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Some People Have A Comparative Disadvantage at Understanding Comparative Advantage

Here’s a letter to someone who does not like my latest column at AIER:

Mr. C__:

In response to my latest AIER column on comparative advantage you allege that I “ignore all the strict qualifications, conditions & assumptions needed for comparative advantage to work.”

With respect, I do no such thing. The reason I do no such thing is that the “qualifications, conditions & assumptions needed for comparative advantage to work” are anything but strict. Comparative advantage is simply applied arithmetic.

If when Ann produces fish she sacrifices less of other valuable outputs than does Bob when he produces fish, Ann has a comparative advantage over Bob at producing fish. Ann can therefore produce fish at a cost lower than can Bob, making it beneficial for Bob to buy fish from Ann at a price at which it is beneficial for Ann to sell fish to Bob. (Extra credit if you can figure out why, if Ann has a comparative advantage over Bob at producing fish, Bob necessarily has a comparative advantage over Ann at producing some other good or service.)

It follows that if we Americans have a comparative advantage over the people of, say, Mexico at producing goods X, Y, and Z, then the people of Mexico have a comparative advantage over us at producing some other goods, say, A and B. Americans and Mexicans can thus trade with each other to the benefit of both.

The only ‘qualification, condition, or assumption’ in play here is the arithmetical one that the people of one country can produce some goods at lower costs, and some other goods at higher costs, than are the costs incurred by people of other countries to produce those same goods and services.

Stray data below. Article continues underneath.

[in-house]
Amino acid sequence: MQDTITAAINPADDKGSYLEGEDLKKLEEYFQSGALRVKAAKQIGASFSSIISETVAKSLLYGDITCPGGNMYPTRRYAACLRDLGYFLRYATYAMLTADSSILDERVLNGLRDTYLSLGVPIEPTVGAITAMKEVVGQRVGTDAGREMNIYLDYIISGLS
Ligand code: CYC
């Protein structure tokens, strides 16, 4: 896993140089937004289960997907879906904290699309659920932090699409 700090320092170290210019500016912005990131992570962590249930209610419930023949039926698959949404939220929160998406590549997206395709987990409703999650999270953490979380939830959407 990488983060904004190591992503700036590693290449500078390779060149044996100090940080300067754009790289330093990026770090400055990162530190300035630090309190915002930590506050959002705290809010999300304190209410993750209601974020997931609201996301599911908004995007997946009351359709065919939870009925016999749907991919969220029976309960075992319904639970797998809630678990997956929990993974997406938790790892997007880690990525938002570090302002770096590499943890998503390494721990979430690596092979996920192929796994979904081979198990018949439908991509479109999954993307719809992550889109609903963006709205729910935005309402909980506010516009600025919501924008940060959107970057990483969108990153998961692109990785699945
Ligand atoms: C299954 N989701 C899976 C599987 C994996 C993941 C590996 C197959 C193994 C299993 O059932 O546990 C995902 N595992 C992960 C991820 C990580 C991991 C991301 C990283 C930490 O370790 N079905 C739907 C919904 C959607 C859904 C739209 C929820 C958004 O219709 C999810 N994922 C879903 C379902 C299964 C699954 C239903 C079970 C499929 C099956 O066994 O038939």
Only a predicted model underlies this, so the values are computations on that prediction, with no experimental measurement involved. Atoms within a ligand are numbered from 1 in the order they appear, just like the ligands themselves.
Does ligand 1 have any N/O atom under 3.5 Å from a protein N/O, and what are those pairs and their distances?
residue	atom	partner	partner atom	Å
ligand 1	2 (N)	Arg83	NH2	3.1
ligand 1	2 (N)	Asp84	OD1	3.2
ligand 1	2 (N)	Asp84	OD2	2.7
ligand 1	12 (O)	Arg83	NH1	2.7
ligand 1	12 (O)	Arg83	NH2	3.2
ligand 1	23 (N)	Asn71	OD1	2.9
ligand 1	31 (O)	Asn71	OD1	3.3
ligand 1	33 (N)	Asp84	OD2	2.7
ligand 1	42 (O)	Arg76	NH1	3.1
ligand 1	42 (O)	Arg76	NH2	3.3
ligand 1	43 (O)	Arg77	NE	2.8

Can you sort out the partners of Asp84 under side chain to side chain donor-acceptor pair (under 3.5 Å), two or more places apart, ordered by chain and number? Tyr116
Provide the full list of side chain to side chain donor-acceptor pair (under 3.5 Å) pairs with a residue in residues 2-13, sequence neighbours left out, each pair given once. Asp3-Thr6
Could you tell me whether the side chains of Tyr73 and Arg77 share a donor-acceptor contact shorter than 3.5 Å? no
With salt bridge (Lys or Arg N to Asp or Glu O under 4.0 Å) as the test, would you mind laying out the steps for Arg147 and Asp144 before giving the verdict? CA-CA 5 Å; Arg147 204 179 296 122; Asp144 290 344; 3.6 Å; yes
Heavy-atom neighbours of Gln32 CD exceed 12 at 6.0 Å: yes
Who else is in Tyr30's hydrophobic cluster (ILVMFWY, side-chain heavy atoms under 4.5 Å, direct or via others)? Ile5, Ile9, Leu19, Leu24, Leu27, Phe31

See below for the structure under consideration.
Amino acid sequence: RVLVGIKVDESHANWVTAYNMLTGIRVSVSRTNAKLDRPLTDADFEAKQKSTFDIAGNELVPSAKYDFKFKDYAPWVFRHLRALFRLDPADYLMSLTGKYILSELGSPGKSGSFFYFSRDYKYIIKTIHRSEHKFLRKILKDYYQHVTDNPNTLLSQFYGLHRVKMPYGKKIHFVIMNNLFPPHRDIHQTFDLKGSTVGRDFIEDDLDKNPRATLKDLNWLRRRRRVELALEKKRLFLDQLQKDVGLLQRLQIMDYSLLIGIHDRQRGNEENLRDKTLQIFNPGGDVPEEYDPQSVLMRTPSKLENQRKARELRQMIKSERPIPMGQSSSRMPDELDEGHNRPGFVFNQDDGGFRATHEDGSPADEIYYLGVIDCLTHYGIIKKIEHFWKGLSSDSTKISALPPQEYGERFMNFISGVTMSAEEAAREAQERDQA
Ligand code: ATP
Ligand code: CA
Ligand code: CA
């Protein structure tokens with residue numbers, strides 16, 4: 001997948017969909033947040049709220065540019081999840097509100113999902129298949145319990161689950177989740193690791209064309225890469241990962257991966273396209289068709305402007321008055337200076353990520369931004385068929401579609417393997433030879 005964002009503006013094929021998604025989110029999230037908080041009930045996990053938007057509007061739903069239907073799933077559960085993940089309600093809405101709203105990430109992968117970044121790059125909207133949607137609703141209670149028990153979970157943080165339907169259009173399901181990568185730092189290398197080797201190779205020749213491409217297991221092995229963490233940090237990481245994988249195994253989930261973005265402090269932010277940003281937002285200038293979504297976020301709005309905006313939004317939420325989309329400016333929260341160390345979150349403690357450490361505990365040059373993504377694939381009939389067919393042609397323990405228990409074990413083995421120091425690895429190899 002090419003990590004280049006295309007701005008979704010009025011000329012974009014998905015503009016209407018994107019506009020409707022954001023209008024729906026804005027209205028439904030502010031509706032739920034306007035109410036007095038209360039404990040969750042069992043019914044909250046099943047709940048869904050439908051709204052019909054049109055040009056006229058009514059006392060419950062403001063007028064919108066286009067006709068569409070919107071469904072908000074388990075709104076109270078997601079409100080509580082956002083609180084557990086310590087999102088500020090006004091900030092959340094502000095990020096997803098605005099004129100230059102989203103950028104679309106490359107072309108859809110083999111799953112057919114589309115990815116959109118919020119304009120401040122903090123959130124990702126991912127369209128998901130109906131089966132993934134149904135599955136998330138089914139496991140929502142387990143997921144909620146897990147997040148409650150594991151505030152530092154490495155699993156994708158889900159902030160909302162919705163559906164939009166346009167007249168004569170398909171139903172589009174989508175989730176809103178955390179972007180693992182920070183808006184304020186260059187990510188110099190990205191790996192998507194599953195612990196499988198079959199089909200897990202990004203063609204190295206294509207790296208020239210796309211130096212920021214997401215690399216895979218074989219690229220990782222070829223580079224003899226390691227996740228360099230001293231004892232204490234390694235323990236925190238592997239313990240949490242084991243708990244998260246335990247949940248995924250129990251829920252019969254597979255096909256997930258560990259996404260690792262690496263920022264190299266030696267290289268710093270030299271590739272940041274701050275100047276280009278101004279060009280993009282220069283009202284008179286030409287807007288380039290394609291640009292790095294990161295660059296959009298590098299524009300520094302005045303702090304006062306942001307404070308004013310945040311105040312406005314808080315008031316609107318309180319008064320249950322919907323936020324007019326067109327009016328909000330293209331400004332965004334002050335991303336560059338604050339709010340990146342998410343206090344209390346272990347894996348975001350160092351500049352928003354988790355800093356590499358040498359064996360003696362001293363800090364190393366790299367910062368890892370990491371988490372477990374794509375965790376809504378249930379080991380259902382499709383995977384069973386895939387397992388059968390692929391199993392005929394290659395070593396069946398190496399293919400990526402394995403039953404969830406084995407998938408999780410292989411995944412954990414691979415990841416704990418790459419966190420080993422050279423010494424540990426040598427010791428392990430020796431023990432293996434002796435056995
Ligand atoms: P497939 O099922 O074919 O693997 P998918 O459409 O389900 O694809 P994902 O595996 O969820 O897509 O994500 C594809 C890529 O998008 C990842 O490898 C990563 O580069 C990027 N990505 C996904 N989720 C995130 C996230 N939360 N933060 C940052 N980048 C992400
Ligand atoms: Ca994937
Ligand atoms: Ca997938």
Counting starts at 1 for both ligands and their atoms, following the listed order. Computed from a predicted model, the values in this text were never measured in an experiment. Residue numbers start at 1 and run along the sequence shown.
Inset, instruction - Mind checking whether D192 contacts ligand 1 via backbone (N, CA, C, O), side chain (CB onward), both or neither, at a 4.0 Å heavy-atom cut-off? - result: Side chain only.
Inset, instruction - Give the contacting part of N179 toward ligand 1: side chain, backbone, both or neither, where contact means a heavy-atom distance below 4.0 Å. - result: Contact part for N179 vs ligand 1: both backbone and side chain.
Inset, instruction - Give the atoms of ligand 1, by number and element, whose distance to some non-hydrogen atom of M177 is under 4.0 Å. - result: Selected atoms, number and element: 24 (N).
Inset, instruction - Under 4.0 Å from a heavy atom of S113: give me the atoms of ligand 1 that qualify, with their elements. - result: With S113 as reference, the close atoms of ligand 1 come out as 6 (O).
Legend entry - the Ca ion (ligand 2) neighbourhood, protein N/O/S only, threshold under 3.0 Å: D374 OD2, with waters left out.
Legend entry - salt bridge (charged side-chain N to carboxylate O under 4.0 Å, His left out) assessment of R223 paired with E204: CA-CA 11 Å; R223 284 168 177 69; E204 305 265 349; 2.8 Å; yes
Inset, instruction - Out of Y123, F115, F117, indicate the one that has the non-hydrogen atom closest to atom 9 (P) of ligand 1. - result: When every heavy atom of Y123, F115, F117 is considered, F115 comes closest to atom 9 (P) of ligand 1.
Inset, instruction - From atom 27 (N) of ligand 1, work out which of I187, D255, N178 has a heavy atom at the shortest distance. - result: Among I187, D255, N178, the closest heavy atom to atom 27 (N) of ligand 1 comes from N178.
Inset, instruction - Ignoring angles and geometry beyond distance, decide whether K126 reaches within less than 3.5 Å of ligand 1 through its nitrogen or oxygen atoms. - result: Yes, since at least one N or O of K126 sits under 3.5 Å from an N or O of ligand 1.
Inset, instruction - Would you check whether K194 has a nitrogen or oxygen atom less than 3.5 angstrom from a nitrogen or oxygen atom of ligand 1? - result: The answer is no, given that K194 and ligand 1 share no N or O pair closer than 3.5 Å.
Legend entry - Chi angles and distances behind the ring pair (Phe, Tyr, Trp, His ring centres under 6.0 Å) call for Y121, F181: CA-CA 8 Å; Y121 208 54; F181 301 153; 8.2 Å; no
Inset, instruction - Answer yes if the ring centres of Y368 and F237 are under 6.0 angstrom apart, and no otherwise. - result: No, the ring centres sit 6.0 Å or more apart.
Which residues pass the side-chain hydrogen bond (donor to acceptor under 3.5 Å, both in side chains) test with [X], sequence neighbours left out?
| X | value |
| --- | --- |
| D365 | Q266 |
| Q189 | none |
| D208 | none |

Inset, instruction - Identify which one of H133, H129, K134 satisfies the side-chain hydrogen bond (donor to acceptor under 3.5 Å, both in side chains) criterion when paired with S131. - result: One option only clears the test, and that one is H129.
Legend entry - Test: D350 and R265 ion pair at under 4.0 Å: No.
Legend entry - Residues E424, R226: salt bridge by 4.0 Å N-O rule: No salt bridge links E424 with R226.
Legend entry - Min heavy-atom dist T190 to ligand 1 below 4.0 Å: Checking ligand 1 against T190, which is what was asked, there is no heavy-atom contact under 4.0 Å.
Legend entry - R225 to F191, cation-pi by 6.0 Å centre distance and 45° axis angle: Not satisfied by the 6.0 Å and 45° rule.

In reality, of course, both intranational and international patterns of comparative advantages change as individuals and countries develop. Also in reality, governments frequently obstruct their citizens’ ability to specialize according to their comparative advantages and to trade freely with foreigners. No one denies these realities. Yet as long as we Americans can produce some goods or services at costs lower than are the prices that foreigners must pay to non-American suppliers of these goods or services – a condition that will in practice always hold – then we Americans will have a comparative advantage that makes it beneficial for us to trade with foreigners.

None of the conditions that protectionists commonly assert to be necessary for comparative advantage to ‘work’ are in fact necessary. Not perfect knowledge. Not the absence of trade barriers abroad. Not the inability of capital to be invested abroad. Not the ability of resources to be quickly reallocated internally. Not the absence of so-called “trade imbalances.” Not international similarity of regulatory burdens. Not international similarity of tax bases and rates. Not decreasing returns to scale or the absence of externalities. Not the absence of “income effects.” Not compensation of trade’s so-called ‘losers.’ Not anything. Because differences in the costs of producing different goods and services will exist whether or not any or all of these conditions hold, comparative advantage will always exist. And where there is comparative advantage, there is the possibility of mutually advantageous trade. 

Donald J. Boudreaux
Professor of Economics
Martha and Nelson Getchell Chair for the Study of Free Market Capitalism at the Mercatus Center
George Mason University
Fairfax, VA 22030

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